People with a firm handshake convey assertiveness, confidence, and authority, but could the power behind someone’s grip also determine true age? A study out of the International Institute of Applied Systems Analysis has revealed the strength of a handshake can determine how fast a person is going to age and if their health will hold up.
"Our goal is to measure how fast different groups in a society age,” lead researcher from the IIASA, Serguei Scherbov, said in a statement. “If some group is getting older faster than another, we can ask why that might be and see whether there are any policies that could help the faster aging group."
Scherbov and his colleague Warren Sanderson investigated more than 50 published studies from around the world that included every age group. The team of demographers from the IIASA also included data from the United States Health and Retirement Survey (HRS) to demonstrate how a test of physical strength can be used to measure the rate of aging across various populations.
"Hand-grip strength is easily measured and data on hand-grip strength now can be found in many of the most important surveys on aging worldwide," Sanderson explained.
Results of study show how hand grip can correlate to aging biomarkers including mortality, disability, cognitive decline, and the ability to recover from a hospital visit. In the past, Scherbov and Sanderson's studies measuring the rate of aging based on how many years a person had lived did not measure aging variations accurately.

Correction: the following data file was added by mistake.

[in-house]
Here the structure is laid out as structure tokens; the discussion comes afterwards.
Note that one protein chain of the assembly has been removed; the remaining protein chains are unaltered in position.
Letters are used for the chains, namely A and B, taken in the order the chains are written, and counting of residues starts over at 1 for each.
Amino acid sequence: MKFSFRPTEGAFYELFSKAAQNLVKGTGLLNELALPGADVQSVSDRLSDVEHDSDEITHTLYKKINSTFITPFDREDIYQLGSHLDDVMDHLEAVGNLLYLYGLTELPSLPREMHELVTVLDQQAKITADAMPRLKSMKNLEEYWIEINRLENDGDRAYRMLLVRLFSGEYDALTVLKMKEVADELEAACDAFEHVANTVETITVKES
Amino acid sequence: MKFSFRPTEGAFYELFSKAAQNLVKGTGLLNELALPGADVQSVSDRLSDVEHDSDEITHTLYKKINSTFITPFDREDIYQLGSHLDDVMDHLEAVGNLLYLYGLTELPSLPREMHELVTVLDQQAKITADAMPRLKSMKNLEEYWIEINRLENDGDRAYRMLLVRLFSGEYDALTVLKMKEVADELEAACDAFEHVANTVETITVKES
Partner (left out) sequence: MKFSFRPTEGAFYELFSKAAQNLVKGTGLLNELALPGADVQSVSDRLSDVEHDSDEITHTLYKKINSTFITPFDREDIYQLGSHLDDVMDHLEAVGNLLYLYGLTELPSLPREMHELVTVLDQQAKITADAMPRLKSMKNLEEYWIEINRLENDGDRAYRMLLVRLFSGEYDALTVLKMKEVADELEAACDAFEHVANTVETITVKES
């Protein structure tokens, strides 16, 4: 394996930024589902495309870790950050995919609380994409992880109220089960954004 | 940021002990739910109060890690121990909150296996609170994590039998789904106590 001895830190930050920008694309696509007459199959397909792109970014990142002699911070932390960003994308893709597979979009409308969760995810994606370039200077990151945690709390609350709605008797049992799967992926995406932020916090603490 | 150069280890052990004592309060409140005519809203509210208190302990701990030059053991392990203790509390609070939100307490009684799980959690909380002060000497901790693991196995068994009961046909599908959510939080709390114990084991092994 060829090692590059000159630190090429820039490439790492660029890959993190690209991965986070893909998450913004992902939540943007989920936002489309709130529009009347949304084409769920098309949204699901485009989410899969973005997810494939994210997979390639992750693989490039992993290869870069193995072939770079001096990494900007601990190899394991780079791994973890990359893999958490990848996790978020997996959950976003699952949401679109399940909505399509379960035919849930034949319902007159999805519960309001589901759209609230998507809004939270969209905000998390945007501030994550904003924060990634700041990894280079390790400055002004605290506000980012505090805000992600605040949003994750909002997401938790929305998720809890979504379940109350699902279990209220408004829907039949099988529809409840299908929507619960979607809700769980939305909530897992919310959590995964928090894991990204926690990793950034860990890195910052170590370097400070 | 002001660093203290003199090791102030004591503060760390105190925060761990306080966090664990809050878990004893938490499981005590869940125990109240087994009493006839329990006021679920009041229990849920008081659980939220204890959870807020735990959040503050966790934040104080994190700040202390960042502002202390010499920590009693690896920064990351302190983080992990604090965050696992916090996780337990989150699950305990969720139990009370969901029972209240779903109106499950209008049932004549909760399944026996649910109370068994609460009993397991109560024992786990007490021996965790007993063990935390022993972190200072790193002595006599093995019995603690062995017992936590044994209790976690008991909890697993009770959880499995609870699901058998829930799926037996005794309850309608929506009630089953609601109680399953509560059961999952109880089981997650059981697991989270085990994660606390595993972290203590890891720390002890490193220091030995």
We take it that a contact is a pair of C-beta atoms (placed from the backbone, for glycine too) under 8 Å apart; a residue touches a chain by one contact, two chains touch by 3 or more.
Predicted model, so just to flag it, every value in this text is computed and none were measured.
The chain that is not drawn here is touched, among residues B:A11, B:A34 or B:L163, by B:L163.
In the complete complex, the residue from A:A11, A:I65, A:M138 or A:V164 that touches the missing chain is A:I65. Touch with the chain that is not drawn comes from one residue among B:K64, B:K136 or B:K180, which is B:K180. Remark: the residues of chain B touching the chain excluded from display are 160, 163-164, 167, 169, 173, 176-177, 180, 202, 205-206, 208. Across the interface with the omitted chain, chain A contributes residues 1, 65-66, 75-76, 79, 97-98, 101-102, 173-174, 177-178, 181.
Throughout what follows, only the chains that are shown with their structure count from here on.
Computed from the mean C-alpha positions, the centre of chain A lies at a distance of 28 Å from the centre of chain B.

"We found that based on this survey, a 65-year-old white women who had not completed secondary education has the same handgrip strength as a 69-year-old white women who had completed secondary education,” Sanderson added. “This suggests that according to a handgrip strength characteristic their ages are equivalent and 65 year-old women ages 4 years faster due to lower education attainment."
A similar study conducted at King’s College London shows that 22 key metabolites found in blood can be instrumental in deciding how fast a person will age later in life and overall health standards, such as lung function, bone mineral density, cholesterol, and blood pressure. One of these chemical “fingerprints” that are left behind due to early molecular changes either before or after birth may also be linked to low birth weight, a valuable factor in determining how well a person’s health and rate of aging will progress.
Source: Scherbov S, Sanderson W. Measuring the Speed of Aging across Population Subgroups. PLoS ONE. 2014.